That's so evident now. The datasheet didn't explain how to deal with brightness. My Vdd line for the led is the same than the MCU but with the small ammount of curent, this should not be an issue.
One question :
The led routine turn off interrupts but i use free run mode adc with ISR, so, this should not cause a problem ? The interrupts are put back on after WS data writing.

I use ATMEL STUDIO 6 and work now on ATMEGA328p

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Why run the adc in free run with interrupts then? Keep things simple so potential problems are simple to identify and solve.

 

 

My Vdd line for the led is the same than the MCU but with the small ammount of curent, this should not be an issue.

That's a bit assumption. Of course the Vdd line is the same as is the 0V , but the physical layout is the critical issue. You've yet to show us this.

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I've tryed both way with the same result but free run is a bit smarter way i think (for me only).
I've made two boards but the mcu of the second one was fused for crystal. So, i've added a crystal with flying wires just to reprogramm the fuses. Now i have two board with exacty the same setting and the same problem.
Still searching 😞
I forgot to say : Happy new year to everyone

I use ATMEL STUDIO 6 and work now on ATMEGA328p

Last Edited: Sun. Jan 5, 2020 - 10:30 AM
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Why are you still searching? We've told you where the problem most likely is, but you seem to ignore it?

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With a software tweak, now, it works as expected without adding caps anywhere else.
I'm very sory to say that my hardware is good.

I use ATMEL STUDIO 6 and work now on ATMEGA328p

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What is the code or code library that you are using for driving the LEDs?   At 8MHz, the AVR will be using assembly language to get the timing right on the WS2818B LEDs. They have each of the 24 bits use the format of 400 nanoSec  high, followed by 400 nS of data level, and ending with 400 nanoSec of logic low (0 volts).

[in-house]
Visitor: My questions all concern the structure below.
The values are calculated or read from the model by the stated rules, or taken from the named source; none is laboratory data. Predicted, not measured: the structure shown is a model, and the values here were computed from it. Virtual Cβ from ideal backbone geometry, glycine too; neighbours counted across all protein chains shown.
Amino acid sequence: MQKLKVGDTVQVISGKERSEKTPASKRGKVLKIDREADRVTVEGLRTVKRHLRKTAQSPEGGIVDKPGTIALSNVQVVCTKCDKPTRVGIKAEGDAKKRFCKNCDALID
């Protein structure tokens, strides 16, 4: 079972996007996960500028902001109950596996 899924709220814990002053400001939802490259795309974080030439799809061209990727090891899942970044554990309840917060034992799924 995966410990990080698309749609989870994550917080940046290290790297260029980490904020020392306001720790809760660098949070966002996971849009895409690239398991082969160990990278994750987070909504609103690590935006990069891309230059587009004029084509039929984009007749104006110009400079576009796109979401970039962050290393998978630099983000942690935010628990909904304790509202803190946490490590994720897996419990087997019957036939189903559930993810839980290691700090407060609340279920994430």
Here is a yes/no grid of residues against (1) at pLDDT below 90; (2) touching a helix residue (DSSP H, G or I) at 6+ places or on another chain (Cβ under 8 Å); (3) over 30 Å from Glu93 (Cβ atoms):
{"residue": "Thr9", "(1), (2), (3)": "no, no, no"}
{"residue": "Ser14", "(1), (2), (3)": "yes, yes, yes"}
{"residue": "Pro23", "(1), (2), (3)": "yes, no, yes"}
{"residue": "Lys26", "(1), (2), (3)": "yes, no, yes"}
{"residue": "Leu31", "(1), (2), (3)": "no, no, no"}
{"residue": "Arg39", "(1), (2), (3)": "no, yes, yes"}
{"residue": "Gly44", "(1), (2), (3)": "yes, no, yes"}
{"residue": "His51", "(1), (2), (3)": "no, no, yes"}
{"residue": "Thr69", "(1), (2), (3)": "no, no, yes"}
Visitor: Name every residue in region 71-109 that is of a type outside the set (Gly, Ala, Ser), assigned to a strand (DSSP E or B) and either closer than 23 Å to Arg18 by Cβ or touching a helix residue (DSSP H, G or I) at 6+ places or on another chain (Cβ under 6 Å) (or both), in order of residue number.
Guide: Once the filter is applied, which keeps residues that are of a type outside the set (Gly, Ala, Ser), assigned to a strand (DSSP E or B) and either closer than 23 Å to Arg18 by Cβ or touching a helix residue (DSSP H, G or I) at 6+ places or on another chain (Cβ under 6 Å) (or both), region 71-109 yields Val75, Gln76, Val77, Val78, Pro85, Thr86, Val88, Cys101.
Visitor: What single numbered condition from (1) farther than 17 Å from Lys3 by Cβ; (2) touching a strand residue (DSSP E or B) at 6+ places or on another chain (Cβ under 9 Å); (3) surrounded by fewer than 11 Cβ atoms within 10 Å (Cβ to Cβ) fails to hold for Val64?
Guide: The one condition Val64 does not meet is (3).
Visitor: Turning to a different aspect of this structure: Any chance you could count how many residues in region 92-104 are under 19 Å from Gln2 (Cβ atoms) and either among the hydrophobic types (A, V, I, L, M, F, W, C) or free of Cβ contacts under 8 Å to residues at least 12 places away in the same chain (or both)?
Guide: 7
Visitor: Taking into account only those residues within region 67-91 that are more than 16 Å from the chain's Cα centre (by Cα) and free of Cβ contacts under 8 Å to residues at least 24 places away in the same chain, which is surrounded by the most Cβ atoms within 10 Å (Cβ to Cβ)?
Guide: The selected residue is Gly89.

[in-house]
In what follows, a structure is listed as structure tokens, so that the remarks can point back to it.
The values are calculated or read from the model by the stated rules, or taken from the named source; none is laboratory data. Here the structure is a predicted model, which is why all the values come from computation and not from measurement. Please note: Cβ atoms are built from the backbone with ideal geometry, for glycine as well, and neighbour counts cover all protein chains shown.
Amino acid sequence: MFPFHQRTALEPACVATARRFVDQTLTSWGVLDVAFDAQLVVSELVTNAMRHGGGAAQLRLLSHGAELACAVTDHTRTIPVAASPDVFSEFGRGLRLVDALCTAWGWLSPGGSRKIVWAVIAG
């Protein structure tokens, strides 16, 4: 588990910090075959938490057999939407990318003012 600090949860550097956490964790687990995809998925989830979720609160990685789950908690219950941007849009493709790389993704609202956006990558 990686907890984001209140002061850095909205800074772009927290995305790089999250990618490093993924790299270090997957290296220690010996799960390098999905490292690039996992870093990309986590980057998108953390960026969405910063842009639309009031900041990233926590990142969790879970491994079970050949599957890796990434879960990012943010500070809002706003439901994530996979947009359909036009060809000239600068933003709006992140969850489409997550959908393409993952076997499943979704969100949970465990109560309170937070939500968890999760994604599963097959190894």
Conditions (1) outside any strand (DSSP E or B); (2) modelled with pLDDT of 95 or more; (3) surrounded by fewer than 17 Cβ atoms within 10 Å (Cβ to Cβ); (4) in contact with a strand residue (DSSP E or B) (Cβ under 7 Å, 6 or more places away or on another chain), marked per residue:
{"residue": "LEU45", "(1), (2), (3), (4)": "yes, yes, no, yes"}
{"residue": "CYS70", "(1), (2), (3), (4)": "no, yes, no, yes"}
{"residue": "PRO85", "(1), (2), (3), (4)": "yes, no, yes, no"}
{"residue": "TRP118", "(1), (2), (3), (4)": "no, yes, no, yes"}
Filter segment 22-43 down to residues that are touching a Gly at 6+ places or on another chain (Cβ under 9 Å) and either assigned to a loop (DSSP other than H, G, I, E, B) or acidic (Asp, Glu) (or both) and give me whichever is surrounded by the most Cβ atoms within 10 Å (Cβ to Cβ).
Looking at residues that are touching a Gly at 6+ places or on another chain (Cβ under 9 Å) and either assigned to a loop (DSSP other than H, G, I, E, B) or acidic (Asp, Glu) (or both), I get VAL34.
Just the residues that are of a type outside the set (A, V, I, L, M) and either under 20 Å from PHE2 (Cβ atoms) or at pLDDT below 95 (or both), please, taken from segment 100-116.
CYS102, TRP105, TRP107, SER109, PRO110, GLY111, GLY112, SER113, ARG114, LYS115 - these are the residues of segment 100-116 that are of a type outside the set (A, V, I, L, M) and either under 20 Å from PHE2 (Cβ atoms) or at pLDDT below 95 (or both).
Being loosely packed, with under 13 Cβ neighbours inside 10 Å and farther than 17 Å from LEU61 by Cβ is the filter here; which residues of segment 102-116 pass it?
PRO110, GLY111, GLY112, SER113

The interrupts need to be turned off during this 300 microsecond  LED-write period (1.2uS per bit, 24 bits, 11 LEDs).   How quickly are you updating the 11-LED frame?

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Hi,
I use POLOLU led_strip_ds.c library.
It's convenient to use cause all the ASM code is writen in a single function.
I use freerun mode adc to launch the leds updating.
The POLOLU function starts by cli() and stops with sei().
So, i don't know how many time does the updating last. I can check with the scope.
The only way i make it work is to relaunch the freerun mode of the adc at the end of the ISR.. I don't know why but it works. I'll try to understand why did it refuse to work in a simple way later.
The only remaining problem is that i check the battery value between 29,3 and 23,3v with a 1/10 divider on 8 bits. So, the measuring range is very tiny(between 150 and 120 integer), i only have about 30 differents colors but the board is very simple for a not so bad result.

I use ATMEL STUDIO 6 and work now on ATMEGA328p

Last Edited: Sun. Jan 5, 2020 - 08:15 PM
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I measure 400ns for the 24X11 bits.
I think it's not precise cause the clock is not.

I use ATMEL STUDIO 6 and work now on ATMEGA328p

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reptooyep wrote:
The only way i make it work is to relaunch the freerun mode of the adc at the end of the ISR.. I don't know why but it works.

What do you mean by"relaunch"? Do you start a new conversion?

 

If a small change mysteriously makes something "work" then you should be very careful in your assumptions. You may still have a latent problem with the circuit, PCB and/or software.

/Jakob Selbing